Shimon Oren, head of threat research at Deep Instinct, dubbed the attacks as Hook-Inj, named after the remote-process hooking method they employ to run code remotely. There’s no vulnerability in Mach-O per se; the attacks basically abuse its functions and bypass detection by multiple MacOS security tools.
“Right now if an attacker wants to use these mechanisms, there is no solution in the marketplace that can protect against it,” Oren told Dark Reading in April when he went public with his research.
Bad news: there’s no vuln for Apple to patch. “In general, the whole code injection execution area is still somewhere that’s more in the courts of security vendors than in the courts of the operating system vendors,” Oren said.
Security researcher Ruben Santamarta was shocked when he came across an exposed Boeing server online last year that contained firmware specifications for Boeing’s 787 and 737 plane networks. Santamarta, who had been studying airplane cybersecurity for years, reverse-engineered the binary code and studied the configuration files. He found that the firmware, a version of VxWorks in a Honeywell network component, harbored multiple security flaws that could give an attacker remote access to the sensitive avionics network on the plane.
But Boeing pushed back hard when Santamarta went public with his findings at Black Hat USA this summer, arguing that its network defenses would block any such attack and potential threat to its avionics system. That, even after Santamarta and his company IOActive had worked closely with Siemens on the disclosure process and analysis of the findings.
Santamarta had framed his research with the caveat that the ultimate effect on the avionics system is unclear without him getting access to an actual 787 aircraft. Even so, he argued, an attacker exploiting the firmware could bypass security controls on the network and reach the avionics network. He or she then could attempt to update firmware of avionics systems, for instance.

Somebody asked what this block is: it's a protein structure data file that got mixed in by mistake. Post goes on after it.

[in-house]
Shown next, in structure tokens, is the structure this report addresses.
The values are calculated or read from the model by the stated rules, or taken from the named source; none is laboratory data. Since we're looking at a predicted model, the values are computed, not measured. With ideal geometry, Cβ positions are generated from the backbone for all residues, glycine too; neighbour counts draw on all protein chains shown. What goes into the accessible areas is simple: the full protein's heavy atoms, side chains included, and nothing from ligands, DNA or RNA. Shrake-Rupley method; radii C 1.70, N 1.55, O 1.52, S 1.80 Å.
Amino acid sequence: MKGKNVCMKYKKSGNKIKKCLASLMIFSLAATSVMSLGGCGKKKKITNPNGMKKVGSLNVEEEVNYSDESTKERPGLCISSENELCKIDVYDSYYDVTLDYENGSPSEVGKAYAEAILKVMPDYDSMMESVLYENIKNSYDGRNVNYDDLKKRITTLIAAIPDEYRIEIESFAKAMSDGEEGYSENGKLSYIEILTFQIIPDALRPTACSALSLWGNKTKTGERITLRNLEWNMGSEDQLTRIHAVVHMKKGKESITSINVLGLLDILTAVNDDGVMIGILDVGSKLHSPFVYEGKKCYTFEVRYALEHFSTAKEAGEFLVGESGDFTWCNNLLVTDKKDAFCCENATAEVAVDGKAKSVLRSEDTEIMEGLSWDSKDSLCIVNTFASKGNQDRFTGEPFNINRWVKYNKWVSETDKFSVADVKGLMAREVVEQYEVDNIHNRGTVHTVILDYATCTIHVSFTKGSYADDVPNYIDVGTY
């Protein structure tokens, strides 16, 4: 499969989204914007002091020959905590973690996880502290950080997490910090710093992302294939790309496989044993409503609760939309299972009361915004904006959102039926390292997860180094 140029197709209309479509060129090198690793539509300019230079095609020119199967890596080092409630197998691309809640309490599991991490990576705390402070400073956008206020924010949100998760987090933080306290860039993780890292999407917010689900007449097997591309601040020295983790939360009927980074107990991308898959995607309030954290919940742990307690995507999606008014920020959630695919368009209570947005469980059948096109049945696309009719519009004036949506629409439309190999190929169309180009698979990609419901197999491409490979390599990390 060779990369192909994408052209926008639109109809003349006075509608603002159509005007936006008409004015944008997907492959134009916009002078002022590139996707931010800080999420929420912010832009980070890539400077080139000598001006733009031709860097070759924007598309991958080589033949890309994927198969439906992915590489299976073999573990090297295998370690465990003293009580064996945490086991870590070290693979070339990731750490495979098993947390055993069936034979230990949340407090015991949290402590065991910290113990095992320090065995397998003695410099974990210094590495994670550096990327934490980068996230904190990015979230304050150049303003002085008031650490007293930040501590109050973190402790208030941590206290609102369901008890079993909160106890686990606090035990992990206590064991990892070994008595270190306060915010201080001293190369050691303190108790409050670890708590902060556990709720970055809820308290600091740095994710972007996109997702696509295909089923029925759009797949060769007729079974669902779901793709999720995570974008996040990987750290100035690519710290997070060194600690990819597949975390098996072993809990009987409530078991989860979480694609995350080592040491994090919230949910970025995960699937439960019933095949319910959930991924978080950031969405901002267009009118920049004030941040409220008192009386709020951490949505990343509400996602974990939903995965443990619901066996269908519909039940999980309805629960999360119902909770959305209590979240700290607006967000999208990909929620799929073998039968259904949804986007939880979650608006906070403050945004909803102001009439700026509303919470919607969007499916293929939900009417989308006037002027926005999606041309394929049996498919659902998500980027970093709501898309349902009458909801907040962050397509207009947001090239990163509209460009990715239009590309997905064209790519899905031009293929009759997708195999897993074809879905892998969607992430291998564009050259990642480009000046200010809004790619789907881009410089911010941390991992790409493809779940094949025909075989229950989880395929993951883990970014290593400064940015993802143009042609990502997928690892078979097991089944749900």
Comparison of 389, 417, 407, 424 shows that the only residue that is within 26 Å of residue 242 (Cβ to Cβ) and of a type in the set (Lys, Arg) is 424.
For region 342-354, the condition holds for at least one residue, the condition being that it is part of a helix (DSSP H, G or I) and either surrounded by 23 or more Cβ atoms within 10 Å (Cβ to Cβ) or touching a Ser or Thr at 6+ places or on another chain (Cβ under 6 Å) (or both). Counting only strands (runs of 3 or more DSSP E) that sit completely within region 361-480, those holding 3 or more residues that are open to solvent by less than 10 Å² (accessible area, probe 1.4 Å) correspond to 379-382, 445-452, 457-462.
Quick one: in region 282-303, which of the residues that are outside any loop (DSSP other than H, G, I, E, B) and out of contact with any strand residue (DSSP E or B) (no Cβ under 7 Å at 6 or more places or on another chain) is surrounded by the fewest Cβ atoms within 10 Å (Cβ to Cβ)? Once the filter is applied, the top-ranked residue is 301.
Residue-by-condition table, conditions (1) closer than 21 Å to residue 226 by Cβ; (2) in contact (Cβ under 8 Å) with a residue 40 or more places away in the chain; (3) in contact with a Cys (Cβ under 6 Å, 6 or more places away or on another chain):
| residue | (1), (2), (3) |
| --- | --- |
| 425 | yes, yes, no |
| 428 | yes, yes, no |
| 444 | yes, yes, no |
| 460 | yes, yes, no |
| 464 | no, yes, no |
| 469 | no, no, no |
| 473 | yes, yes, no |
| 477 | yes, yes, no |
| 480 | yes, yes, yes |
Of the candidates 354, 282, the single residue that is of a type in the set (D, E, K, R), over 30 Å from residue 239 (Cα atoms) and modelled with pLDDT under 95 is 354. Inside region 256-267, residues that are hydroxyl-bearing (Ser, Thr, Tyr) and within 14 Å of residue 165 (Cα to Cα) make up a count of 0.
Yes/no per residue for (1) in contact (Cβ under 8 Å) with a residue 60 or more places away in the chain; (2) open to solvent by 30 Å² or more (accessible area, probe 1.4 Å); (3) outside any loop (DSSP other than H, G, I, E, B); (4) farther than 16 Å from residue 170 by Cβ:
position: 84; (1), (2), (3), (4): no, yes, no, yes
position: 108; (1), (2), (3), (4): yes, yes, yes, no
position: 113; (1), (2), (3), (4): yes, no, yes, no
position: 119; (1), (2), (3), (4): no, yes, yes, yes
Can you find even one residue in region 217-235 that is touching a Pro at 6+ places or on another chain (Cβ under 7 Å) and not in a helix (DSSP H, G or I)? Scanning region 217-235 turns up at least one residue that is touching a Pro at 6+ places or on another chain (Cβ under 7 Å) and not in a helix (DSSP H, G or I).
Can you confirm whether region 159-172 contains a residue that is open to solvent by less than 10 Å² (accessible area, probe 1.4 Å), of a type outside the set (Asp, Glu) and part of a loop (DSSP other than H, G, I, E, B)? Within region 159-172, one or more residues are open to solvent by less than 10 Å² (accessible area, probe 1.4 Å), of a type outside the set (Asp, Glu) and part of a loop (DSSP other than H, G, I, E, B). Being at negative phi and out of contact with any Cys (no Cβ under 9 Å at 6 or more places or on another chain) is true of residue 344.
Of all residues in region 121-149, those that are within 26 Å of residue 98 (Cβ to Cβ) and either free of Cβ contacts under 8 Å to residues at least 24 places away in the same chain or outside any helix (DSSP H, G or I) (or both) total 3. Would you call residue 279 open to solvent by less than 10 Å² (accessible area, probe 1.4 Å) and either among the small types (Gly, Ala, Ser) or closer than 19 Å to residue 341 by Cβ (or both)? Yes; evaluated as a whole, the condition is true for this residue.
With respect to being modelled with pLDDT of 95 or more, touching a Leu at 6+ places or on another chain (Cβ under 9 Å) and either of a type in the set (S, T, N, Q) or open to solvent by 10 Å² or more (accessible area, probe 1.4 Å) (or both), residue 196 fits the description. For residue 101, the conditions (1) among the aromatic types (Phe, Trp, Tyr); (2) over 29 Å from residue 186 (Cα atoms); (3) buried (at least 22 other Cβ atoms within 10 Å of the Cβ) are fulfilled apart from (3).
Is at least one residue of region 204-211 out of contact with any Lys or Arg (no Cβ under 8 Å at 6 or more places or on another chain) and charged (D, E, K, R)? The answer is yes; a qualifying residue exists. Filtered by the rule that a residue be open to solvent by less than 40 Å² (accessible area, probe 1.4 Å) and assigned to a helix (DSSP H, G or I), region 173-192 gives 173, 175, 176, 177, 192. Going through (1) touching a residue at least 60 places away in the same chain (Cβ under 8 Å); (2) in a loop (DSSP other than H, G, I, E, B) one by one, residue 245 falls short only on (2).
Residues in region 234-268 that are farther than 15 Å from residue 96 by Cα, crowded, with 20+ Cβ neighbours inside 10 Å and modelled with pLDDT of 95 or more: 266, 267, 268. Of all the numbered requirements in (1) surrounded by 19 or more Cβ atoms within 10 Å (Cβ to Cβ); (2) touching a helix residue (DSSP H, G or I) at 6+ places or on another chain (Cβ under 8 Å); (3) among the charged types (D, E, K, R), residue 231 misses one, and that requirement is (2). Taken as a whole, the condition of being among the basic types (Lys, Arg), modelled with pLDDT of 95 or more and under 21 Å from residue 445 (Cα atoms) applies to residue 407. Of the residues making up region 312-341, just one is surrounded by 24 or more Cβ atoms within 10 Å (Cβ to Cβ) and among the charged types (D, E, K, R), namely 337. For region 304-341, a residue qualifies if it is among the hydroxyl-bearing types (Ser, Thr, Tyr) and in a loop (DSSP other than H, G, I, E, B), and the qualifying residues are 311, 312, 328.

Lord of the Ring
Fingerprint biometrics are increasingly becoming more mainstream thanks to Apple’s fingerprint authentication option on some of its iPhones, but security experts worry about privacy and security risks of lost or “lifted” fingerprint data. That’s what inspired researchers at Kaspersky to design a wearable ring with a stone that stores your unique “fingerprint” for authenticating to biometric systems.
The ring, which the security firm co-developed with a 3D accessory designer, is just a prototype aimed at raising awareness of security risks in biometrics. The stone stores a unique fingerprint made from conductive fibers embedded in a rubber compound: a smartphone reads the stone, which is (eek) the shape and texture of a finger.
“That ring can be used to authenticate the user with biometric systems, such as a phone or a smart home door lock. And if the data of the ring fingerprint leaks, the user can block this particular ring and replace it with a new one — and their own unique biometric data won’t be compromised,” the company said in blog post announcing it.